Taizé is a monastic community located in Taizé, France, founded in the 1940s by a Swiss named Roger Louis Schütz-Marsauche, familiarly called Brother Roger. The “brothers” of Taizé have taken a vow of celibacy and are committed to a lifetime of simplicity, service, and community. There is an ecumenical emphasis at Taizé, as expressed in their official website, which says the community “wants its life to be a sign of reconciliation between divided Christians and between separated peoples.” Brother Roger was especially eager to bring Catholics and Protestants together.
The contemplative worship practices of the Taizé community are promoted at an annual international conference. Taizé worship is being incorporated in a wide variety of churches, Protestant and Catholic, and its pattern of devotion is emulated in other monastic communities around the world.
A Taizé worship service involves sung and chanted prayers, meditation, a period of silence, liturgical readings, and icons. There is no preaching. The style of prayer practiced at Taizé has attracted many worshipers from around the globe and from many different denominations. The prayers consist of “short chants, repeated again and again,” according to an introduction in a Taizé songbook. “The words are sung over many times.”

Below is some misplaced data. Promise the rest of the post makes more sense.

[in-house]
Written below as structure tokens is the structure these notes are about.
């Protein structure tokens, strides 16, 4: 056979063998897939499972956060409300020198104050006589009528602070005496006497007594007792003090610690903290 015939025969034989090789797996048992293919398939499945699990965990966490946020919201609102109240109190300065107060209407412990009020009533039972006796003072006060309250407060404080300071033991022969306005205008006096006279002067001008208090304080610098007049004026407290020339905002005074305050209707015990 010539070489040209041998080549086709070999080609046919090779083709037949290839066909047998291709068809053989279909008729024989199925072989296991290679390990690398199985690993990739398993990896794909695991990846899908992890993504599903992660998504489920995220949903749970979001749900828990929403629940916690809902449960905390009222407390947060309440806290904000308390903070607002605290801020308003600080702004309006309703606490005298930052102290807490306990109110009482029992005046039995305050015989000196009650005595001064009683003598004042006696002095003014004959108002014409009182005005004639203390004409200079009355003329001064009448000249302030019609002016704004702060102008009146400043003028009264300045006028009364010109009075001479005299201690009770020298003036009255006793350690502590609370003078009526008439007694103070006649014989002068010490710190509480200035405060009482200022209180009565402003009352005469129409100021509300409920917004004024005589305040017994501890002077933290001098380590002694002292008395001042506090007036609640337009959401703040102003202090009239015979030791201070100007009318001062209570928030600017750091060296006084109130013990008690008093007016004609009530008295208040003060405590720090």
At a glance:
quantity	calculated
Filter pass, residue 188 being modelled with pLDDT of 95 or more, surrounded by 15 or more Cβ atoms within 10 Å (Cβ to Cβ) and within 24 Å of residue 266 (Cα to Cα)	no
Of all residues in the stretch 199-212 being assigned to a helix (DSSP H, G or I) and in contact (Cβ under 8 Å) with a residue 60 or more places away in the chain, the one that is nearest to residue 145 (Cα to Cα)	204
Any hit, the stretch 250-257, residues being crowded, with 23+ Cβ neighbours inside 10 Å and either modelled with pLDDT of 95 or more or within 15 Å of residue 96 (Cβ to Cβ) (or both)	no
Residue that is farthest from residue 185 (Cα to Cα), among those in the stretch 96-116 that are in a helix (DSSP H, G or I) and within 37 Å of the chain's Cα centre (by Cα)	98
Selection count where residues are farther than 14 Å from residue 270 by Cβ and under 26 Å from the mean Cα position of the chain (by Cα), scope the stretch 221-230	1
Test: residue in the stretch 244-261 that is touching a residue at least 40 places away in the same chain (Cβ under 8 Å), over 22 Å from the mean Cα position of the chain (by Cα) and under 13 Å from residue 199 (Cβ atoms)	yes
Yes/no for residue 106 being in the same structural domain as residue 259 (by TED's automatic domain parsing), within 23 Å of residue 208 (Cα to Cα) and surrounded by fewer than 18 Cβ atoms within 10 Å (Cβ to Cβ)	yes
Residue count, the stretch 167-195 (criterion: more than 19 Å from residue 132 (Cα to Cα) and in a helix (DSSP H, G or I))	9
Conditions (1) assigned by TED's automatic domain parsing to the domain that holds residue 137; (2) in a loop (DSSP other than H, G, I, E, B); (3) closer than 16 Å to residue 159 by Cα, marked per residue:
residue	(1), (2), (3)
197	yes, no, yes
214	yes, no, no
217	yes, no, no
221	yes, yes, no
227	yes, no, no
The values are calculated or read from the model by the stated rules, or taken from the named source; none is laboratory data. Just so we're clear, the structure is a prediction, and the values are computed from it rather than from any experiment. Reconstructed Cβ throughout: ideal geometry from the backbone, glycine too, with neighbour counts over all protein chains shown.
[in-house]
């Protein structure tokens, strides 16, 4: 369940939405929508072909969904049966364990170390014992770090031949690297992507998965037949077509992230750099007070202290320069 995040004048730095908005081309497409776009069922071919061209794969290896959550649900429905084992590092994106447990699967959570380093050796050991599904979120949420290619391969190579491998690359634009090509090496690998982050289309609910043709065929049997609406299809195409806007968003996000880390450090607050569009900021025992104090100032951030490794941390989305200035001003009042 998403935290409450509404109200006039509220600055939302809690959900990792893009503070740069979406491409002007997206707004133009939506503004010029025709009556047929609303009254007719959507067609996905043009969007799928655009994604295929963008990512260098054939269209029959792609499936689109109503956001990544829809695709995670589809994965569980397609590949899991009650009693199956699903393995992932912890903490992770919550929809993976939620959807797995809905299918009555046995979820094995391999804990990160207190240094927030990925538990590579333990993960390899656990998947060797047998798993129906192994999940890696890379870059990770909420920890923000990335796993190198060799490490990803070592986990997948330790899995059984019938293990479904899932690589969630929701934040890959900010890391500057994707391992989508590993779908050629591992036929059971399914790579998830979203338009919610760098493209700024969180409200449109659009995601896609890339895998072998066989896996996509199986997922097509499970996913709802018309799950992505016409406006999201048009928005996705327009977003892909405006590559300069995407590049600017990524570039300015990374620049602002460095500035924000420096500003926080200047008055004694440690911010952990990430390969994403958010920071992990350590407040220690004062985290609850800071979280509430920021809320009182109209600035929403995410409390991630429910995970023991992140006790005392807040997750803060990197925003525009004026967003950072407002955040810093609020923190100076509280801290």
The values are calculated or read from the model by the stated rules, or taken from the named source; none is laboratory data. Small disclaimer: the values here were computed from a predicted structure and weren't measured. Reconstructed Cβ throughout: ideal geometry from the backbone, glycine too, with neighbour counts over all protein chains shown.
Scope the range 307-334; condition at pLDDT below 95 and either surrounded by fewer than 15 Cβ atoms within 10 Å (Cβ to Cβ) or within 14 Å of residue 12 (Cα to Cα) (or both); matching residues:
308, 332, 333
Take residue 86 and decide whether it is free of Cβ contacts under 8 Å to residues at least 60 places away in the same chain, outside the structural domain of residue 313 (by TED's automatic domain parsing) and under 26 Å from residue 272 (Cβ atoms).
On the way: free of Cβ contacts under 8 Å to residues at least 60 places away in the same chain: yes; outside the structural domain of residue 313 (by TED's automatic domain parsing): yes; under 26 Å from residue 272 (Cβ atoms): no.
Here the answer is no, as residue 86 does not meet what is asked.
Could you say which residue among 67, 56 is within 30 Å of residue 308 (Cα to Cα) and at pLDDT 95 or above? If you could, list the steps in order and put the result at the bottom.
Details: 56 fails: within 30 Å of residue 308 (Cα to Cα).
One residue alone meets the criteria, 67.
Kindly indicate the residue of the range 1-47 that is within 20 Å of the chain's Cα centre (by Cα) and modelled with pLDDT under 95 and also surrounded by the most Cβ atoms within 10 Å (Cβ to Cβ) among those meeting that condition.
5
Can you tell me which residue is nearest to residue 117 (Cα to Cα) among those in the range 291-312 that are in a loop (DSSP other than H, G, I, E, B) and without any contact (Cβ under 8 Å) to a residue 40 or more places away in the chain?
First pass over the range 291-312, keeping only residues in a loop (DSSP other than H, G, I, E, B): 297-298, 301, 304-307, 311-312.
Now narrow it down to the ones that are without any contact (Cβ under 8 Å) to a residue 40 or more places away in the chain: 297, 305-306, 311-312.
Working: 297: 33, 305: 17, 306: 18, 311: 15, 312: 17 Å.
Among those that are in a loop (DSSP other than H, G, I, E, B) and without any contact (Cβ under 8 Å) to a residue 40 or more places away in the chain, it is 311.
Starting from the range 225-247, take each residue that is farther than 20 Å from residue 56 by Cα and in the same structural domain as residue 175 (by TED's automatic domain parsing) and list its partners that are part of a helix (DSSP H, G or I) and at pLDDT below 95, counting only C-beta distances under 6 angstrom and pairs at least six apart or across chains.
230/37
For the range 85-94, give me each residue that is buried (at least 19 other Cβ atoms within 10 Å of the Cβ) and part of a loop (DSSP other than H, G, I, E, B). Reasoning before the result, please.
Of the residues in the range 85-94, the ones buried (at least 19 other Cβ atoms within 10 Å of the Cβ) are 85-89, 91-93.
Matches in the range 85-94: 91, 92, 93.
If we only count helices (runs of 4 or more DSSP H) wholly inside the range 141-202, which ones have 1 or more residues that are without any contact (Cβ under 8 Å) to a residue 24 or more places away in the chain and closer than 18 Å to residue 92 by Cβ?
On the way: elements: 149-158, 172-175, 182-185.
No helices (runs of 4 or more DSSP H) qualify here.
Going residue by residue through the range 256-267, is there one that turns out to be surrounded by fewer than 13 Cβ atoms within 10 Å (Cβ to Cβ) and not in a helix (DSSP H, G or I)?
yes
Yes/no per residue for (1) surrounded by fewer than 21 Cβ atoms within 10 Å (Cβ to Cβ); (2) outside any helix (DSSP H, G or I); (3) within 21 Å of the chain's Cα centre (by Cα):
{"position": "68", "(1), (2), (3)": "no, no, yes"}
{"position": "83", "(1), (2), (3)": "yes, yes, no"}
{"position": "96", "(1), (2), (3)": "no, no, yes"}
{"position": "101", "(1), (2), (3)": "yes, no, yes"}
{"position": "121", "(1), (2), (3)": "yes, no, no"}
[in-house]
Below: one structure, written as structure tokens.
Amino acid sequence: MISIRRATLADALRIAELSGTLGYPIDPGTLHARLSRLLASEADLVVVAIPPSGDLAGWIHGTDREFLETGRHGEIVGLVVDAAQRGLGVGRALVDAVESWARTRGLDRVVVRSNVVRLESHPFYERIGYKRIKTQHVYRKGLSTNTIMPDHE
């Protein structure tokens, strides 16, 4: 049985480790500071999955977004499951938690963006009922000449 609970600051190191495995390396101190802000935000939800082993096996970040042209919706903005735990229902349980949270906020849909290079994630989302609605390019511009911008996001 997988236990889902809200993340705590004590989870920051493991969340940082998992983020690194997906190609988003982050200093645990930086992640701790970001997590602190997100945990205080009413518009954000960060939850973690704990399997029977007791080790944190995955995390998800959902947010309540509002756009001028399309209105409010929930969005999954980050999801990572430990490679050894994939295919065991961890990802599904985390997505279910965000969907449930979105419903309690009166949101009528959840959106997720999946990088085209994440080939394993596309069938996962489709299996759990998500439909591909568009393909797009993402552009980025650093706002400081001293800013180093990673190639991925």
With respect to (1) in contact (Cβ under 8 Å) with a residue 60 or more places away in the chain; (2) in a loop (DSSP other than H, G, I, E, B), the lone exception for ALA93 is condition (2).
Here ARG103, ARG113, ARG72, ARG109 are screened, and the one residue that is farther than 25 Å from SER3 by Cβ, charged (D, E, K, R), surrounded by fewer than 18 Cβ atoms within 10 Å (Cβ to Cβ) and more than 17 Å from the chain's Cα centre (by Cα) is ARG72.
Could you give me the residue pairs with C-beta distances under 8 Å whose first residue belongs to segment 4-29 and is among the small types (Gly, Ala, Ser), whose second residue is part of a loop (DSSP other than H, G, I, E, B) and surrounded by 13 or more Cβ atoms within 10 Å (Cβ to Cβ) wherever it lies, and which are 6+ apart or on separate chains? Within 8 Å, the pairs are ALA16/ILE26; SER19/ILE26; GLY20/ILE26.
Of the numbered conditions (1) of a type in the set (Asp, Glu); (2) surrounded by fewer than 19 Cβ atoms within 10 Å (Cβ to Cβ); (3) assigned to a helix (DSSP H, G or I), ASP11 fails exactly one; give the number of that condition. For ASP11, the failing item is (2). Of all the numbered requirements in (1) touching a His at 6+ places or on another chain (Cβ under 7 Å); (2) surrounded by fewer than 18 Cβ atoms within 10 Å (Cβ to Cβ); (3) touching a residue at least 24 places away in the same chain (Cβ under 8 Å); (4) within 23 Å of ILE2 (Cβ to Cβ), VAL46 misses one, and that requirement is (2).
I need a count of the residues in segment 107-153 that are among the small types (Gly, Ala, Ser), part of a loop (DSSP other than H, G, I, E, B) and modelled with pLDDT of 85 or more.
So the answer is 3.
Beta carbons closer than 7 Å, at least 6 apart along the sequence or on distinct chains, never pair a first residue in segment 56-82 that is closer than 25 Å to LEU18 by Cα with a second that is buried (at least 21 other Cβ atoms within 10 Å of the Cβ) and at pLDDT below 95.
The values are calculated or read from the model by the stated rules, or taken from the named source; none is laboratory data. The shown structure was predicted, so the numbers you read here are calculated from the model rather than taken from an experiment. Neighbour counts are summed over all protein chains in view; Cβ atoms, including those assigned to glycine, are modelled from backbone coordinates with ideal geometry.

There are several problems with the Taizé style of worship. Contemplative worship, in general, seeks a subjective spiritual experience apart from the objective truth of God’s Word. Also, Jesus specifically forbade repetitive prayer (Matthew 6:7), and the prayers of Taizé are purposefully repetitive. The use of icons and the ecumenical nature of the movement are also problematic.
In short, a Taizé worship service is an unbiblical attempt to connect with God. Scripture says that faith comes by hearing, and hearing comes by the Word of God (Romans 10:17), yet the Taizé model dispenses with preaching. Rather, it relies on idolatrous images, repetitive chants, and mystical experience to manufacture a sense of unity and peace.